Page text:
August 25, 2017 at 10:47 am EDT | by Hudson Taylor
Protecting trans athletes across sport governing bodies
Hudson Taylor, transgender athletes, Athlete Ally, gay news, Washington Blade

Hudson Taylor

Imagine being a high school athlete barred from competing in the sport that you love. Or a collegiate athlete protected and included on one campus, but ridiculed and rejected after you transfer to a different campus. Or perhaps an Olympic hopeful told that your decades of hard work are meaningless and your ability to compete with your team is denied. These are some of many devastating realities for transgender athletes across the country.

We’re witnessing some of the worst attempts in modern history to degrade and discriminate against the transgender community. Since the inauguration of President Trump, we’ve watched as Obama-era guidance on trans protections were rescinded; as trans military members were told they couldn’t fight for their country; as multiple states have introduced anti-transgender legislation; and as more of our transgender brothers and sisters have been senselessly murdered for who they are.

As an organization, Athlete Ally works daily to fight for a world where all athletes – regardless of gender identity and sexual orientation – are respected and protected in sport. The reality remains that in many states across the country, athletes are forced to compete on the team (and ultimately use the locker room), that matches the sex on their birth certificate. This is a massive hurdle that transgender people sometimes can’t clear, due to strict guidelines and gatekeeping throughout the entire process of a legal gender marker change. And, it’s having drastic consequences on transgender student-athletes.

Locker rooms remain one of the most unwelcoming spaces for LGBT athletes. In fact, in a 2013 study of LGBT students in secondary school, GLSEN reported that 39 percent of LGBT athletes surveyed said they purposefully avoid locker rooms and 22 percent admit to avoiding athletic facilities and fields as a whole.  The office for Victim Crime reports that 12 percent of transgender youth are sexually assaulted between grades K-12. In contrast, there are no reported cases of trans people sexually assaulting someone after being allowed to use the space consistent with their gender identity, debunking the often-used narrative to push “bathroom bills.”  Forcing transgender people into spaces in which they don’t belong does nothing to protect cisgender people from sexual assault and only serves to put transgender people further in harm’s way.

This is why we must continue the work to establish consistent transgender-inclusive policies across sport governing bodies. While large governing bodies of sport – such as the NCAA or International Olympic Committee – have issued trans-inclusive recommendations that respect the right to self-identify given hormone monitoring, many K-12 programs and national governing bodies haven’t followed suit. These patchwork policies result in some of our best athletes unable to make it to that level of sport their potential would allow for. These policies often force transgender student-athletes out of the locker room they belong in, denying them the opportunity to connect with and belong on their team.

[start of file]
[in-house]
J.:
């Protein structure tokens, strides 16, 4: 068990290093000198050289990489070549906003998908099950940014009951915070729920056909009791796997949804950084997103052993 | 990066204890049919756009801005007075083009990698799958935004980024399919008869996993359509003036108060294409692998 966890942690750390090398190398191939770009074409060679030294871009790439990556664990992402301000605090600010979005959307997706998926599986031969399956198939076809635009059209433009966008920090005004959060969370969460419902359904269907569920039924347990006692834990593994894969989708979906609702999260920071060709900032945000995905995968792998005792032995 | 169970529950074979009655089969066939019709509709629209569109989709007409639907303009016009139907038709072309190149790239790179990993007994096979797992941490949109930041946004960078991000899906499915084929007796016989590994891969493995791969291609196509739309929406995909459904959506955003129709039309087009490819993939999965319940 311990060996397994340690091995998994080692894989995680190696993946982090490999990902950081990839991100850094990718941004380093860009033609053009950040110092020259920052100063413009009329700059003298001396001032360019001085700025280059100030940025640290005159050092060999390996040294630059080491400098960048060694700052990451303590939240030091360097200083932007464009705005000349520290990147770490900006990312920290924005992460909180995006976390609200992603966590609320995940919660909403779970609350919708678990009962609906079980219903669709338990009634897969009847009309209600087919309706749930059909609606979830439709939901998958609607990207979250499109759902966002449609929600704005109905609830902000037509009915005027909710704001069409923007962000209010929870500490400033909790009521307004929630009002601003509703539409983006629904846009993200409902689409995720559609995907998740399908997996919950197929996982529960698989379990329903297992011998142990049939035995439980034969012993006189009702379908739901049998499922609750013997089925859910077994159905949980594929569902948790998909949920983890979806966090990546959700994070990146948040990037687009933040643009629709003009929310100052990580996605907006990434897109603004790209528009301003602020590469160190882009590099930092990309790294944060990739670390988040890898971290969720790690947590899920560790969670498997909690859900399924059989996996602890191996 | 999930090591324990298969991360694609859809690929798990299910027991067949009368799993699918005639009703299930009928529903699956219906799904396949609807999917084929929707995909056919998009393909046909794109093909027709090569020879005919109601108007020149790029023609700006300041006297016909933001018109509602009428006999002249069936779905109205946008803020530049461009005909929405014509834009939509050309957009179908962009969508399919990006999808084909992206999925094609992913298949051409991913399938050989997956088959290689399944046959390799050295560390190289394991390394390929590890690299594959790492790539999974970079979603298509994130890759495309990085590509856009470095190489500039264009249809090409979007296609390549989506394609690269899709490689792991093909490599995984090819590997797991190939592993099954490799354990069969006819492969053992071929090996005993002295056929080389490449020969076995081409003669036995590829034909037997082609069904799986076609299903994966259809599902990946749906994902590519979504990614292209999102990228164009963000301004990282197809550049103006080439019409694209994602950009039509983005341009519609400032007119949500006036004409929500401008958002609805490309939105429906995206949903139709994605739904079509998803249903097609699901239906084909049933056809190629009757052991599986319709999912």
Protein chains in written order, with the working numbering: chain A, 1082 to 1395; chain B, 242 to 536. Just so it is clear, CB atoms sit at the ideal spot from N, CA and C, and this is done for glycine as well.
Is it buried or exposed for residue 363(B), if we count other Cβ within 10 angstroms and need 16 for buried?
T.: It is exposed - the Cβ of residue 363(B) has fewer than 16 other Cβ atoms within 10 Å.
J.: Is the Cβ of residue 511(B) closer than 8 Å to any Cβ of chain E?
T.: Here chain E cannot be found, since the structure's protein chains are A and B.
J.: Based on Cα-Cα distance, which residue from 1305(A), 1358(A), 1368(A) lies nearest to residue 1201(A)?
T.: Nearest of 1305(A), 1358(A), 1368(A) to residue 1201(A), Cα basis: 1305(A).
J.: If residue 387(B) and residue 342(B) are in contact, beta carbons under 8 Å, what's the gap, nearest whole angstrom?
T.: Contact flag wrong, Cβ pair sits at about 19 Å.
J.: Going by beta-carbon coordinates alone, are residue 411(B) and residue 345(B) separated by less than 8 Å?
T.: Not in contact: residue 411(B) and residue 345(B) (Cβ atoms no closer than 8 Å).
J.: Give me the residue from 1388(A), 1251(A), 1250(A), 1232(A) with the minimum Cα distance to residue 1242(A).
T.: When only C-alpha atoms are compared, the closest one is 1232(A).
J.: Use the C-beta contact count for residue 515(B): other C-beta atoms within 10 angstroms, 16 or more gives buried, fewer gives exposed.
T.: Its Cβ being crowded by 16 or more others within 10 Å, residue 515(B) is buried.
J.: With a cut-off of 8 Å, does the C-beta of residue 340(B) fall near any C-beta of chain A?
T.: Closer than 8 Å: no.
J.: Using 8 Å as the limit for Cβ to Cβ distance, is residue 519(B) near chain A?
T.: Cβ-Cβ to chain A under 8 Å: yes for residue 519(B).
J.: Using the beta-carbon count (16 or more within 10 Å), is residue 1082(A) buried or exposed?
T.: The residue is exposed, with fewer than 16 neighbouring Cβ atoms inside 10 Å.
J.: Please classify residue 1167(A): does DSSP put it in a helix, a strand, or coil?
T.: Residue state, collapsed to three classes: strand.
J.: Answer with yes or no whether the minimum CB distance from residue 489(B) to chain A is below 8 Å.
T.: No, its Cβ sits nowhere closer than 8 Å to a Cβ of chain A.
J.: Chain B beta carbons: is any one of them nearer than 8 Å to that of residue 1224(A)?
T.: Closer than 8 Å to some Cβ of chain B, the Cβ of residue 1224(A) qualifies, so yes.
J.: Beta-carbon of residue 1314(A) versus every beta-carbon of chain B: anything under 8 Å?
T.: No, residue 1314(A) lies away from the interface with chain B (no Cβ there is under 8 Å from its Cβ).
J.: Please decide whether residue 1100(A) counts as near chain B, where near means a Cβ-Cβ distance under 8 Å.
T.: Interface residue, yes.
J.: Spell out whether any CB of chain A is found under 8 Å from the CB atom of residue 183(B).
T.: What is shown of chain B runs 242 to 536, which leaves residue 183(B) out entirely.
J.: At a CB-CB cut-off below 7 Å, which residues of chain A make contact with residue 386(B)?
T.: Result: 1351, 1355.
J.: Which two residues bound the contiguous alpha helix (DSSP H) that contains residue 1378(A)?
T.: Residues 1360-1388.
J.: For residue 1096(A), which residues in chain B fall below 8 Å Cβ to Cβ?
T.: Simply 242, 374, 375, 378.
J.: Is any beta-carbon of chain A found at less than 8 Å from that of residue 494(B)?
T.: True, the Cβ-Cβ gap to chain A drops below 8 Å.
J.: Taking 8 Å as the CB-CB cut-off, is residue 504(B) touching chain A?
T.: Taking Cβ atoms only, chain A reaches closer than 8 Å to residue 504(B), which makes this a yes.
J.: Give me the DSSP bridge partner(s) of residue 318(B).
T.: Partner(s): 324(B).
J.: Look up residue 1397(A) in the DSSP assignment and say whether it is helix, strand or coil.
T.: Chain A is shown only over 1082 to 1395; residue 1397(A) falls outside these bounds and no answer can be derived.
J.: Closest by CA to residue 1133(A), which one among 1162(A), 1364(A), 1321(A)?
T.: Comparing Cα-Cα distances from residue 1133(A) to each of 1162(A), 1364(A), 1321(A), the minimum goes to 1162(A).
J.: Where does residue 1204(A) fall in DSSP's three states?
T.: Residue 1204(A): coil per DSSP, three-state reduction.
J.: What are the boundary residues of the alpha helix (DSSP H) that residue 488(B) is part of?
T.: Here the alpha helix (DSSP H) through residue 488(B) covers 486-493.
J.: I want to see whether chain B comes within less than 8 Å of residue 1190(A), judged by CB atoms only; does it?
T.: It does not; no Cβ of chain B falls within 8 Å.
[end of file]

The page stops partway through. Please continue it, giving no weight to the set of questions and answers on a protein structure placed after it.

From John Carlos raising his fist on the Olympic podium to Colin Kaepernick taking a knee during the national anthem, there has been a long-standing tradition of athletes taking a stand to support equity and equal opportunity for everyone. Numerous athletes and athletic organizations have already spoken out against these “bathroom bills” as they’re introduced.  The NHL has issued a statement saying that should Texas pass an anti-trans bill, they may reconsider hosting the NHL draft in the state. The NHL is not alone in speaking out against this bill, more than 55 athletes and Olympians including Robby Rogers, Martina Navratilova, Tom Bosworth, and Brittney Griner stood with Athlete Ally and signed an open letter urging the Texas Legislature to reject an anti-trans bill.

It is heartbreaking to see the many ways in which individuals, organizations and government representatives continue to try to strip transgender athletes of their ability to compete openly and without restriction on their sports teams. Together, we must commit to the fight ahead – and stand up and speak out for the full dignity and protection of the LGBT community.

 

Hudson Taylor is founder and executive director of Athlete Ally and the 2015 guest editor of the Blade’s Sports Issue.

1 Comment
  • Personally, I don’t see the big deal about letting transgenders use the bathroom of their choice, and if John wants to legally change his name to Jane, why not? However, allowing biological men to compete as women in women’s events is extremely damaging to women’s sports. Hormones or no hormones, men have an advantage over women physically. Biological women are on their way to being shut out of Olympic-level competition. Even if it’s just one trans-woman taking a spot on the Olympic team, that’s one biological woman getting hosed. And just wait till Russia and China start pumping estrogen into legit men in order to win them medals in women’s sports; considering just how seriously these countries take their competition, it would be foolhardy to assume this won’t happen.

    Sorry, but this is where giving into someone’s self-identity definitely interferes with the rights of others. I’m quite confident most women athletes would feel the same way; sadly, voicing such an opinion would get them ostracised or even banned from competition.

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